Business cases that assumed free trade across the EU should be re-examined, and supply chains reviewed to minimise any potential increased cost. Acquisitions of EU-based manufacturing capabilities with the ability to serve local markets may help buffer the firm against any emerging trade barriers.

3. News appeared in January that Fox still wants full control of Sky, despite rejection of the deal by British regulators. The rejection shows the growing importance of political and economic nationalism which can trump investor returns, competition or corporate tax repatriation.

A report in October 2017 by Latham & Watkins describes governments and regulators taking an increasing interest in ’foreign’ acquisitions of nationally important companies in the name of national security. In a twist on this, at the time of writing GKN, the FTSE100 aerospace and automotive giant was fending off an unsolicited £7bn takeover bid by Melrose. While a ‘UK only’ deal, politicians including Vince Cable were commenting on the risk the deal may pose to the UK’s industrial strategy.

Economic nationalism begins at home. So, any UK business looking to buy or sell across borders will need to consider how the deal would look to the public and politicians, not just the shareholders.

4. One area in which everyone agrees change is upon us is FinTech. 2017 deals included Vantiv/Worldpay and JPMorgan Chase/WePay. Brexit’s impact on London’s financial sector will accelerate M&A in the coming years within a sector that’s evolving at warp speed. It will be more important than ever to predict the effects of changes. How will the financial regulatory landscape diverge between the UK and the EU post-Brexit? How will GDPR, data protection and safe haven legislation and practices impact market opportunities and operational challenges across borders? And more tactically – if the FinTech gravity moves or disperses (say to Paris), how will FinTech firms find and retain the top technical talent they need?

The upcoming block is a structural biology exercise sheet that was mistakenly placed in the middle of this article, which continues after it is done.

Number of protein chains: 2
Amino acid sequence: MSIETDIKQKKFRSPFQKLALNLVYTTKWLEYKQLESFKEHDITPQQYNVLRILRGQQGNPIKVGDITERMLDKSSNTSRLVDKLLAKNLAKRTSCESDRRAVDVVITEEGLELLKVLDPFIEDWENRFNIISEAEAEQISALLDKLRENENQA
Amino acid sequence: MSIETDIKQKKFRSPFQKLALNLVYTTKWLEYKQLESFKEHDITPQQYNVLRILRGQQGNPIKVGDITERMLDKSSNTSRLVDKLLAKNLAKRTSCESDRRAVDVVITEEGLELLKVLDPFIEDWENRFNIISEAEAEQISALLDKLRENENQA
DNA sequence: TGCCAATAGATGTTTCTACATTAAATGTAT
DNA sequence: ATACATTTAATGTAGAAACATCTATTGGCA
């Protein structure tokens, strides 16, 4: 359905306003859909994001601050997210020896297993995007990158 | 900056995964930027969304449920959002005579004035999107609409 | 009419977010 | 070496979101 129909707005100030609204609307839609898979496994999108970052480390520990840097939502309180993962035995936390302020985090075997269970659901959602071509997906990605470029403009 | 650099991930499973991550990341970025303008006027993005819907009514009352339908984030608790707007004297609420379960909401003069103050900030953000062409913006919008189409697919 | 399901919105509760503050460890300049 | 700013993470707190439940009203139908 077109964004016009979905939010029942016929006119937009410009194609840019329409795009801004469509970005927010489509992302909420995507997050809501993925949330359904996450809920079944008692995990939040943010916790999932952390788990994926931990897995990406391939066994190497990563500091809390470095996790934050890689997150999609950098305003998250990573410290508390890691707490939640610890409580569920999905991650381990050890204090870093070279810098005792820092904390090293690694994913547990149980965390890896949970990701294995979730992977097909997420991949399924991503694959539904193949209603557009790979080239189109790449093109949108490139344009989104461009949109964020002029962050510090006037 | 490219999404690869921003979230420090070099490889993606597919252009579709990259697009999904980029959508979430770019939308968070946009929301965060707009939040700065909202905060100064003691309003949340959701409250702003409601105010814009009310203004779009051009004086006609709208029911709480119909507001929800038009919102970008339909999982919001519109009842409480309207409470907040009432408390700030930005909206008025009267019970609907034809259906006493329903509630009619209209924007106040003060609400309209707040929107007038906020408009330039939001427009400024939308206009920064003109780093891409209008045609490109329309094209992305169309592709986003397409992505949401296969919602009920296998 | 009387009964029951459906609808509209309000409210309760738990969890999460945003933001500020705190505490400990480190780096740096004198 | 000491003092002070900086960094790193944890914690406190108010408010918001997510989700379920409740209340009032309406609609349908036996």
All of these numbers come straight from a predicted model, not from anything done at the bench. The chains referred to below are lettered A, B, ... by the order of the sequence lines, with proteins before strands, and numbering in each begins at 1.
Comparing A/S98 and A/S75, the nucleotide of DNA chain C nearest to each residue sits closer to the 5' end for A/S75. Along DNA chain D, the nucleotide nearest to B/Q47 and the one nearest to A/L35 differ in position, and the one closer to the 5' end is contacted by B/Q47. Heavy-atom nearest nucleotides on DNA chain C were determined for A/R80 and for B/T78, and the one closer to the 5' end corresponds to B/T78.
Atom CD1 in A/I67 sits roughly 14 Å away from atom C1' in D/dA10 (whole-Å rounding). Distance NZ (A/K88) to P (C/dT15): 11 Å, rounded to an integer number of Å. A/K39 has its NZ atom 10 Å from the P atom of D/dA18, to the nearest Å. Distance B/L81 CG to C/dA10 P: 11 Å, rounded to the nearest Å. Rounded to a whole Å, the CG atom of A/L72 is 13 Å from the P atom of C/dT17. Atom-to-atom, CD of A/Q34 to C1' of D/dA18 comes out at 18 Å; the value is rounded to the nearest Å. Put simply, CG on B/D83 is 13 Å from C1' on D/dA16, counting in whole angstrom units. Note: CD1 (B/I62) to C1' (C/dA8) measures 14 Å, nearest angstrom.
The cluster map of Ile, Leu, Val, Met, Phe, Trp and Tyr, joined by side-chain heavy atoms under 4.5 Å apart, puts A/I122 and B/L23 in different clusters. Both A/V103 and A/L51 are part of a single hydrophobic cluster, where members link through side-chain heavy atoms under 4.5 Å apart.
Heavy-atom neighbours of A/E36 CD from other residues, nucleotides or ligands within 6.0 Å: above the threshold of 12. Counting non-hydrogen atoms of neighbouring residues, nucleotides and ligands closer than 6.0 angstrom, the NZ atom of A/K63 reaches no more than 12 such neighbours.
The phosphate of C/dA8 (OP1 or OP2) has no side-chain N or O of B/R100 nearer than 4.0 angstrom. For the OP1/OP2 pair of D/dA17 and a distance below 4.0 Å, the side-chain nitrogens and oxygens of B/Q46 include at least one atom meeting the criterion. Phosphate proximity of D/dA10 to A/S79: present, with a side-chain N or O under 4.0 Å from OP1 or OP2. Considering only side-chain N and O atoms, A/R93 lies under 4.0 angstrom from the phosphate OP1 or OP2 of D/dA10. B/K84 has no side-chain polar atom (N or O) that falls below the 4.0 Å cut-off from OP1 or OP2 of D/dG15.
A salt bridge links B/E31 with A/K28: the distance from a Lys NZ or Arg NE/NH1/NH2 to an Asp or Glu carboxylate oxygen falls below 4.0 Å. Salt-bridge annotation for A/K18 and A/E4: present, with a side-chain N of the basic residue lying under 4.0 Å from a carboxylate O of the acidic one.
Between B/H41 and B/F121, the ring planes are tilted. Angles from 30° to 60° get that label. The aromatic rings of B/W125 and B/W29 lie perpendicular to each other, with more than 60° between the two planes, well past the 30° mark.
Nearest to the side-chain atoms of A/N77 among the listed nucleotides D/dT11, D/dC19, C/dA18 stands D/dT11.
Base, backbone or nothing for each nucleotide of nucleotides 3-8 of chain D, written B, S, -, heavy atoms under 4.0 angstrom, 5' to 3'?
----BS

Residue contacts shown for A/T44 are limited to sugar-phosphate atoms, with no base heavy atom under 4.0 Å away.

As ever, change provides an opportunity and a threat to businesses doing M&A. Size alone will not guarantee success. The successful organisation will pull ahead through a clear strategy and use M&A to expand or adapt their propositions and capabilities in the market. Whatever form Brexit takes, one thing is certain – interesting times lie ahead.

Optimism is high among SMEs across both Europe and the US, but is said optimism enough to warrant actual business expansion?

With investment in tech, especially AI, can SMEs afford to expand into new markets and regions? With tax cuts in the US, the new budget, incentives in the UK and confidence in markets all together, is optimism on the rise? Is this a year of your business expansion? What are your thoughts on the current climate, risks and opportunities?

In this week’s Your Thoughts Finance Monthly has heard from a number of top experts and businesses on their opinions and plans for expansion in 2018.

Rick Smith, Managing Director, Forbes Burton: